Otellini: Well, more broadly, one of the things that really excites me about the Resilient Cities Challenge is that Rockefeller has established a couple of key, private-sector platform providers to provide services to all these cities, essentially for free. In a municipality, we get inundated with people coming through the door saying, “I have the best new product for you. I have this great thing that can help make your life easier.” You hear it so often that you begin to become desensitized to what their actual goal is.
Having identified partners provide some normalcy to the process — beginning to use a common language, in a common platform — is going to be very valuable to achieve our goals. I think this is hugely important and a really exciting part of the resilience effort.
Rappaport: What are some of the most significant barriers you envision having to overcome?
Otellini: Building capacity in the community is a difficult thing; it’s very hard to initiate substantial behavior change. Take the simple example of recycling: just getting people to separate trash takes years, plus a culture of everybody being focused on that behavior change. That’s a small example of what we need to do on a much bigger scale, which is challenging because people don’t like to think about long-term or abstract problems. Especially when considering our hard-to-reach, vulnerable populations in the community — these are folks that are focused on making sure there’s a meal on the table, not, “What am I going to do in the 72 hours after an earthquake?” That’s too big of an issue for them to tackle.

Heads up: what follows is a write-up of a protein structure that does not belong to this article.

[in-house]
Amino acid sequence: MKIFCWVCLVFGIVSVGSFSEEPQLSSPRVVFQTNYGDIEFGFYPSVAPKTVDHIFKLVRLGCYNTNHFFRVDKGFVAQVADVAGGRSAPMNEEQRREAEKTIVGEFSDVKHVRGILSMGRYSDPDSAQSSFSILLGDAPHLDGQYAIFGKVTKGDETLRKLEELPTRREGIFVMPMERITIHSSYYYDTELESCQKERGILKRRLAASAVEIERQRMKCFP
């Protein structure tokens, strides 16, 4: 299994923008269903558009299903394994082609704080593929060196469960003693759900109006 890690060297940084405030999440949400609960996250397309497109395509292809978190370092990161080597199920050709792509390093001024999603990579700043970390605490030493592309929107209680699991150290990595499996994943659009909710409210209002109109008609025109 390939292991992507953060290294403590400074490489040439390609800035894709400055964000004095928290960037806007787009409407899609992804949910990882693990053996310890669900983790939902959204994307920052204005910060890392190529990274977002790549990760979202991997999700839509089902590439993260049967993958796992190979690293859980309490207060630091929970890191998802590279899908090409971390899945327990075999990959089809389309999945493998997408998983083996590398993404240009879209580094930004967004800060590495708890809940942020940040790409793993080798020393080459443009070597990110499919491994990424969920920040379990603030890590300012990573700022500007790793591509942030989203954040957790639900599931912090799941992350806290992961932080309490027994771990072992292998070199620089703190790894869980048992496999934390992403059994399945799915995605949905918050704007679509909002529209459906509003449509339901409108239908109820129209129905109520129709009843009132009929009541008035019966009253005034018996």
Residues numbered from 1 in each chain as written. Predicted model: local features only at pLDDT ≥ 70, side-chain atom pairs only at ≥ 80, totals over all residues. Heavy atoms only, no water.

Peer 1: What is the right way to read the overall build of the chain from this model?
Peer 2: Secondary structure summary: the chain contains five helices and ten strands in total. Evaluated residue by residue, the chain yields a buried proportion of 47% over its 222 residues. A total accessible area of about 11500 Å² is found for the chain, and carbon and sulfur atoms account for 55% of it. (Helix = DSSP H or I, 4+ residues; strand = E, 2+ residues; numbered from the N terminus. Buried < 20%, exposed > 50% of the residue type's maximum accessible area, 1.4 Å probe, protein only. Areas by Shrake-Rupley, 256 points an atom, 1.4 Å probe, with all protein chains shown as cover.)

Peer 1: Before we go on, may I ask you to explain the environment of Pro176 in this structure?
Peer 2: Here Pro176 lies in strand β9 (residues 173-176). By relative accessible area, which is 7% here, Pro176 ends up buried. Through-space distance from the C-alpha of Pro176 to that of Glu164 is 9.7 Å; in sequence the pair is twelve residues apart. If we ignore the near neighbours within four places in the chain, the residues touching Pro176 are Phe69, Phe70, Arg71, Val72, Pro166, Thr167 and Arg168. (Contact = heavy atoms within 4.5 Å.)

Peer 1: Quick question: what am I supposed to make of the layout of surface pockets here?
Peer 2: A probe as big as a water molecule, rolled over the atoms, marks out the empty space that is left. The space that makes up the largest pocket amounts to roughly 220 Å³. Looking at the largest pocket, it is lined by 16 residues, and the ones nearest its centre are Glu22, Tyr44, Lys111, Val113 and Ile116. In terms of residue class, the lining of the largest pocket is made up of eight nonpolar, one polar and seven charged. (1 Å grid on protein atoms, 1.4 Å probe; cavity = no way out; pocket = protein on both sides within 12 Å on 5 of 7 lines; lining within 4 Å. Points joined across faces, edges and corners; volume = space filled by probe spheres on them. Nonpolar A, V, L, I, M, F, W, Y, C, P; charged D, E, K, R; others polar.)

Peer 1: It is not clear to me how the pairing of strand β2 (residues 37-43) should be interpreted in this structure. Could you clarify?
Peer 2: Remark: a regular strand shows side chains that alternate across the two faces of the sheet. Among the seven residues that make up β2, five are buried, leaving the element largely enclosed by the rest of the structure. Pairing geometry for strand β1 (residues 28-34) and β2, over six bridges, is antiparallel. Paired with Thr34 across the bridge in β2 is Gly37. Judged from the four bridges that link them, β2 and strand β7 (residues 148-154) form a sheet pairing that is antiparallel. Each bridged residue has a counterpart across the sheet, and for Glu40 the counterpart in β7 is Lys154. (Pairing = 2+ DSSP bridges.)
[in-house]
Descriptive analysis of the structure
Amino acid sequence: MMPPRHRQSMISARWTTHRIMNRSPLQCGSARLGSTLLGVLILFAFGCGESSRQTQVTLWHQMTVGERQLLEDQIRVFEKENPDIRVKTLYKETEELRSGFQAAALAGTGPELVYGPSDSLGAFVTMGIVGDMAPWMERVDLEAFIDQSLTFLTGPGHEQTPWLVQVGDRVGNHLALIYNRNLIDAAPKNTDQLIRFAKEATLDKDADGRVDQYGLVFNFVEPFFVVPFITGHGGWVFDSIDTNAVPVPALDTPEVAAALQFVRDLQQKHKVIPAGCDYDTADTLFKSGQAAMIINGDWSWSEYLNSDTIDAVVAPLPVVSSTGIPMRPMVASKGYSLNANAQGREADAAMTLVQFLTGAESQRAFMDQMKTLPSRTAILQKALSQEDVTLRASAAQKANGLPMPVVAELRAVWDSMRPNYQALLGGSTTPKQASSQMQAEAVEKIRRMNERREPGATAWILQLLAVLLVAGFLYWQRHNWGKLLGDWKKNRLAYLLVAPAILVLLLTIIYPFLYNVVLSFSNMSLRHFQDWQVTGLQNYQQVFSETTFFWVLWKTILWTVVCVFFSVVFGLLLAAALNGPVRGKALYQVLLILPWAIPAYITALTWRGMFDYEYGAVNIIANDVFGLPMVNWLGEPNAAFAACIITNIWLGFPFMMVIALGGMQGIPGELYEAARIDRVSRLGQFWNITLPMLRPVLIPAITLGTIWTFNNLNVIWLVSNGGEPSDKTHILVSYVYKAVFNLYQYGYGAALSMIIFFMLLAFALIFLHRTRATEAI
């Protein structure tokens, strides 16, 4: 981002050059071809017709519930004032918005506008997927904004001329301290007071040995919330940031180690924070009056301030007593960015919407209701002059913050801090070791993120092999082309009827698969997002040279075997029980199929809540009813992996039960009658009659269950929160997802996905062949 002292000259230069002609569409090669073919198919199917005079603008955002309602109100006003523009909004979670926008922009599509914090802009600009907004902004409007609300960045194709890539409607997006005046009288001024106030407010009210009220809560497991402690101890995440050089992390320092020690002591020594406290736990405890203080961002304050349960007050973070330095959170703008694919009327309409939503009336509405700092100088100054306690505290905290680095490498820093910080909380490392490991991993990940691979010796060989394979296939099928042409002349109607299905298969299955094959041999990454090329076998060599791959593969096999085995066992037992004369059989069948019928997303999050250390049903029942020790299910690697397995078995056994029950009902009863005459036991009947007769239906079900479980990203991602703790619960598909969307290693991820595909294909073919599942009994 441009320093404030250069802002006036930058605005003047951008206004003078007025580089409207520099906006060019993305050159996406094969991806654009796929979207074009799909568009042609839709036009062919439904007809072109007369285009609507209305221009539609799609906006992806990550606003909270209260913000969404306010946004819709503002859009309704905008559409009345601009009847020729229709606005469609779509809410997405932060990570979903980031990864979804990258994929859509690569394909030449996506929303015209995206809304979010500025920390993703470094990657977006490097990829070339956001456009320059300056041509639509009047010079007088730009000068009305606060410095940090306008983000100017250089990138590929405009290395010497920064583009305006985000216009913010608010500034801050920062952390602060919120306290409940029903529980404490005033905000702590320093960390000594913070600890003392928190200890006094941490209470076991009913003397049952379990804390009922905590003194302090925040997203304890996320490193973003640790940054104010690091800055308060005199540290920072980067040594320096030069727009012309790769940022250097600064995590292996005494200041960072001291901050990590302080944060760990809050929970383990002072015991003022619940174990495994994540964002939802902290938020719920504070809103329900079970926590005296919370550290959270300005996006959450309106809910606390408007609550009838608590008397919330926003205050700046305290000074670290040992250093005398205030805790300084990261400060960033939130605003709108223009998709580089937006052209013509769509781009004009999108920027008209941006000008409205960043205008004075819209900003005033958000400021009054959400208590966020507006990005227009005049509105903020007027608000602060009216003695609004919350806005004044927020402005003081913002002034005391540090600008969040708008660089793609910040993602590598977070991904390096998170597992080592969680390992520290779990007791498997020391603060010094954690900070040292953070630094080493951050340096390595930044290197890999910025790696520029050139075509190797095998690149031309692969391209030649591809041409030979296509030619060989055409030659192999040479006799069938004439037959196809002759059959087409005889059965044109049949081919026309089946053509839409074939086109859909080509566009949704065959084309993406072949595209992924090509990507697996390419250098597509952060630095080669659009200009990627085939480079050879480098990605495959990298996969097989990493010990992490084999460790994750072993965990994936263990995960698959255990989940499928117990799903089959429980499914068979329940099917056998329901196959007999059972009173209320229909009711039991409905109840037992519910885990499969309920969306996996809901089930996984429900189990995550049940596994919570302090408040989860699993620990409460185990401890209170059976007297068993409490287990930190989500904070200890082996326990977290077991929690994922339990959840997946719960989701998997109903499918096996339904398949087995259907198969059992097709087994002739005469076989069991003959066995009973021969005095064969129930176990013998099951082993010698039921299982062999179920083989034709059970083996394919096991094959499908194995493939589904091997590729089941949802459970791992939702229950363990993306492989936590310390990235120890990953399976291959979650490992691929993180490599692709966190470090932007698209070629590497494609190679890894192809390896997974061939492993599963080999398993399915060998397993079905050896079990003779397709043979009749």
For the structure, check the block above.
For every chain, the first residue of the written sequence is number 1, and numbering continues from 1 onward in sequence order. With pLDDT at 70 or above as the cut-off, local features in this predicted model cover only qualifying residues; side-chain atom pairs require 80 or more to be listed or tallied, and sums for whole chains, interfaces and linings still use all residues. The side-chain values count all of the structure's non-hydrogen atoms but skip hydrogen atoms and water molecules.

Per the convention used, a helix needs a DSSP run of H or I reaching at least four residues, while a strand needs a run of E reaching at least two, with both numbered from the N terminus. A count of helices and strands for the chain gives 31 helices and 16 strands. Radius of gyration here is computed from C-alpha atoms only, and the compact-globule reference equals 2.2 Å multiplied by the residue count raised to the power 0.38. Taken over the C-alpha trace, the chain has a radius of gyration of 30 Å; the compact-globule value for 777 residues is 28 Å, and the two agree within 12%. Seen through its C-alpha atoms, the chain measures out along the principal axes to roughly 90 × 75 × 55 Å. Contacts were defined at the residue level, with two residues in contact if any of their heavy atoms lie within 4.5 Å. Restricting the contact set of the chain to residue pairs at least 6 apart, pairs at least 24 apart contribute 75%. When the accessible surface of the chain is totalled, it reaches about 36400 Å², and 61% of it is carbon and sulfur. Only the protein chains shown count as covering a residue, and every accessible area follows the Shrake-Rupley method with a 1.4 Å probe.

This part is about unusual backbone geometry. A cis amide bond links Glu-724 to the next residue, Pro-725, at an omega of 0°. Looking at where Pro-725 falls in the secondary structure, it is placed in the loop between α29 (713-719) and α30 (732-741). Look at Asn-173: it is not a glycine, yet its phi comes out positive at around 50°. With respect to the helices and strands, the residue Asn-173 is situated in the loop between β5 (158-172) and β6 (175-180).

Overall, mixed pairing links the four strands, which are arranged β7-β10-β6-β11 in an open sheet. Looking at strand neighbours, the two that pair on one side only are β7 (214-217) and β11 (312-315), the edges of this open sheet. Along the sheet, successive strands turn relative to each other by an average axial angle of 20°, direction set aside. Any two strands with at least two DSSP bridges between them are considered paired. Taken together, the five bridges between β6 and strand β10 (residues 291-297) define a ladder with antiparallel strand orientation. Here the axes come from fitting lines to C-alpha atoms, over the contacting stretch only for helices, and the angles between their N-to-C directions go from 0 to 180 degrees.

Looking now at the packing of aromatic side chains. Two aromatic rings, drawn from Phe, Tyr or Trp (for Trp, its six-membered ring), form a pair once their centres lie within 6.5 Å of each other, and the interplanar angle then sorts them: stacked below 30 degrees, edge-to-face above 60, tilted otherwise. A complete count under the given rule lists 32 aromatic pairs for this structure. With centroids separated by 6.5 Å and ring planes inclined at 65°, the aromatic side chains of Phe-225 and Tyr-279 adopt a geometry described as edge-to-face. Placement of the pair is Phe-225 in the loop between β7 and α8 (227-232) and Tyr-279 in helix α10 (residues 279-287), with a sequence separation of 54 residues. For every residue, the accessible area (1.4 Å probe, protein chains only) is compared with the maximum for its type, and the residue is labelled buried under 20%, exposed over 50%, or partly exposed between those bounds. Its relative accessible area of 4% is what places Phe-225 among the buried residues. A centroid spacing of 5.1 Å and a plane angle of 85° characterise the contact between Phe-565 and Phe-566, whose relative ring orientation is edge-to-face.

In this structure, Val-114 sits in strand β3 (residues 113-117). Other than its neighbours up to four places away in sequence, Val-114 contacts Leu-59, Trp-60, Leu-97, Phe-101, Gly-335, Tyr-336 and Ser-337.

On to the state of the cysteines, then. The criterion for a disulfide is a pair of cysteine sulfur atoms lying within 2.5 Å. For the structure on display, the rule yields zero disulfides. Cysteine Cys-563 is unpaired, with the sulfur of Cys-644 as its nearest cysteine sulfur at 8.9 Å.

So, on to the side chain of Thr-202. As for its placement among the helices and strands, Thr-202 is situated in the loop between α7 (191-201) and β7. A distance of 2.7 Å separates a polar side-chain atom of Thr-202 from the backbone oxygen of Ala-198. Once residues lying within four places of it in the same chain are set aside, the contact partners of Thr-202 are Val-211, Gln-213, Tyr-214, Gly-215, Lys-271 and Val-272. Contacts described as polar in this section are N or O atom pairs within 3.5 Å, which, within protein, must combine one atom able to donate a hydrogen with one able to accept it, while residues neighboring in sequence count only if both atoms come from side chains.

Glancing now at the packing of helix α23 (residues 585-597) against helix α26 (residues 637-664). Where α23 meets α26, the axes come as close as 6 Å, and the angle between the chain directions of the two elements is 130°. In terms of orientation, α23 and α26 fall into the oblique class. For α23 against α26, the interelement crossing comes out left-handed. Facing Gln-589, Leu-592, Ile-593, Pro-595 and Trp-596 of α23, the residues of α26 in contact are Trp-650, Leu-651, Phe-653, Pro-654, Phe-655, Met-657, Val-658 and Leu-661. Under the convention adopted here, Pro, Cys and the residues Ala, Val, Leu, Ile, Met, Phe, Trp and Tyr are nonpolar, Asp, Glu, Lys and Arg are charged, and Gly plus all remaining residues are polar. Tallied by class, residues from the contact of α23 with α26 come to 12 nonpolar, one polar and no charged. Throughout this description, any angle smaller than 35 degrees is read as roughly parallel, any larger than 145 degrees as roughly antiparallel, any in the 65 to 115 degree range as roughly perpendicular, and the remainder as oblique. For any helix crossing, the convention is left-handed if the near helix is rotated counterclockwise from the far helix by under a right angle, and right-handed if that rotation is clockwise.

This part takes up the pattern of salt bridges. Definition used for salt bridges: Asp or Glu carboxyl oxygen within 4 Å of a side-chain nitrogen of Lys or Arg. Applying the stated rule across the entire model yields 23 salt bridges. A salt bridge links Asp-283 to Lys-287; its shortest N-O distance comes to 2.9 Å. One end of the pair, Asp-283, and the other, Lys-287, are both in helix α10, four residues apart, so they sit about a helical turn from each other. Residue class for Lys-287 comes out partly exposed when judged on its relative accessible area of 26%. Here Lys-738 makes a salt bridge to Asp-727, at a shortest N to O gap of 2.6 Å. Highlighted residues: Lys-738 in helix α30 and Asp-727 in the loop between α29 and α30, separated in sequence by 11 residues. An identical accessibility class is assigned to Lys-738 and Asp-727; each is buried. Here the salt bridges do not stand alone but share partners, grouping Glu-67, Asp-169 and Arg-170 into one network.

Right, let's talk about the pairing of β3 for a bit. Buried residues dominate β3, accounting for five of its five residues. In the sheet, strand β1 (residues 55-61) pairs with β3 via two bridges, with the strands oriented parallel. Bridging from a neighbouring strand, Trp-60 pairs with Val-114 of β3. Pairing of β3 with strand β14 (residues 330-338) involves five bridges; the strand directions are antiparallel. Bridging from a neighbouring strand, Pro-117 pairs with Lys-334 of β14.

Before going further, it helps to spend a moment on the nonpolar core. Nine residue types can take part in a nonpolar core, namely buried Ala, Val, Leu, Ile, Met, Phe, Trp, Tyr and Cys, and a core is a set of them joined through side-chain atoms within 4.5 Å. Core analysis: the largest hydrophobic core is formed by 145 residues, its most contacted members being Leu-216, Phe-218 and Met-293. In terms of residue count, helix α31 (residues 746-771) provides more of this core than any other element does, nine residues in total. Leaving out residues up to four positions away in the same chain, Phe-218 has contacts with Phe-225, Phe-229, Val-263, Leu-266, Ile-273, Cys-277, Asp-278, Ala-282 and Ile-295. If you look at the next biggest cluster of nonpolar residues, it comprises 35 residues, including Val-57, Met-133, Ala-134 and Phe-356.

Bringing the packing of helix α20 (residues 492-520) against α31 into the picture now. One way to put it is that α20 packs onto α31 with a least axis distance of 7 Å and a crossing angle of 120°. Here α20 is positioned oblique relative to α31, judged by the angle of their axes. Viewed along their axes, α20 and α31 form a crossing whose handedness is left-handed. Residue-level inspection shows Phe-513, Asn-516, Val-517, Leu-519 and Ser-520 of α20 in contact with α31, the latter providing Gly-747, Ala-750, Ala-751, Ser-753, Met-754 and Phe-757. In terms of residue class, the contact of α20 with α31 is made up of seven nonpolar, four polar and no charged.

Taking resilience out of the academic world and making it tangible for people in their day-to-day life, that’s probably the biggest challenge we face. To create an effective paradigm shift is no easy task.
Rappaport: What are your thoughts on the role of fear in engaging citizens and bolstering resilience? How can we better engage city stakeholders — whether it’s businesses, citizens, city folks — in resilience efforts?
Otellini: I definitely try not to use fear tactics; I think it is dangerous and can backfire. For example, earthquake messaging for the last several decades has been really doom and gloom — "The big one’s coming. Everyone’s gonna die." But we’ve backed off that. Now we talk about being prepared, about knowing and building a network with your neighbors.
That said, I think fear has its place. If you see a map where half of the city you know and love is underwater because of sea-level rise, or is in ruins from an earthquake, that’s certainly going to make you start thinking. But in the long term, I think the most effective strategy for behavior change is to approach it in a much more accessible way, one that people can respond to positively, as opposed to out of fear.
Rappaport: Let’s imagine you and I talk again five years from now. What do you hope to have accomplished?
Otellini: That’s a great question, especially because we really want — and need — to be thinking about big picture items. If I’m shooting for the stars here, I would love to see us have a comprehensive strategy for rebuilding our sea wall.
That is not an easy fix, but in San Francisco that’s one of our key vulnerabilities. It is seismically unsafe and not ready to handle what we plan to be ready for, including adapting to climate change, as far as sea-level rise goes. It has all of our major lifeline utilities passing through it. It has the Trans-Bay Tube passing through it. Talk about an Achilles’ heel of our city; in my personal opinion, it’s the sea wall. Five years from now, if we can say we have a plan and action items to address it, I think that will be huge for San Francisco.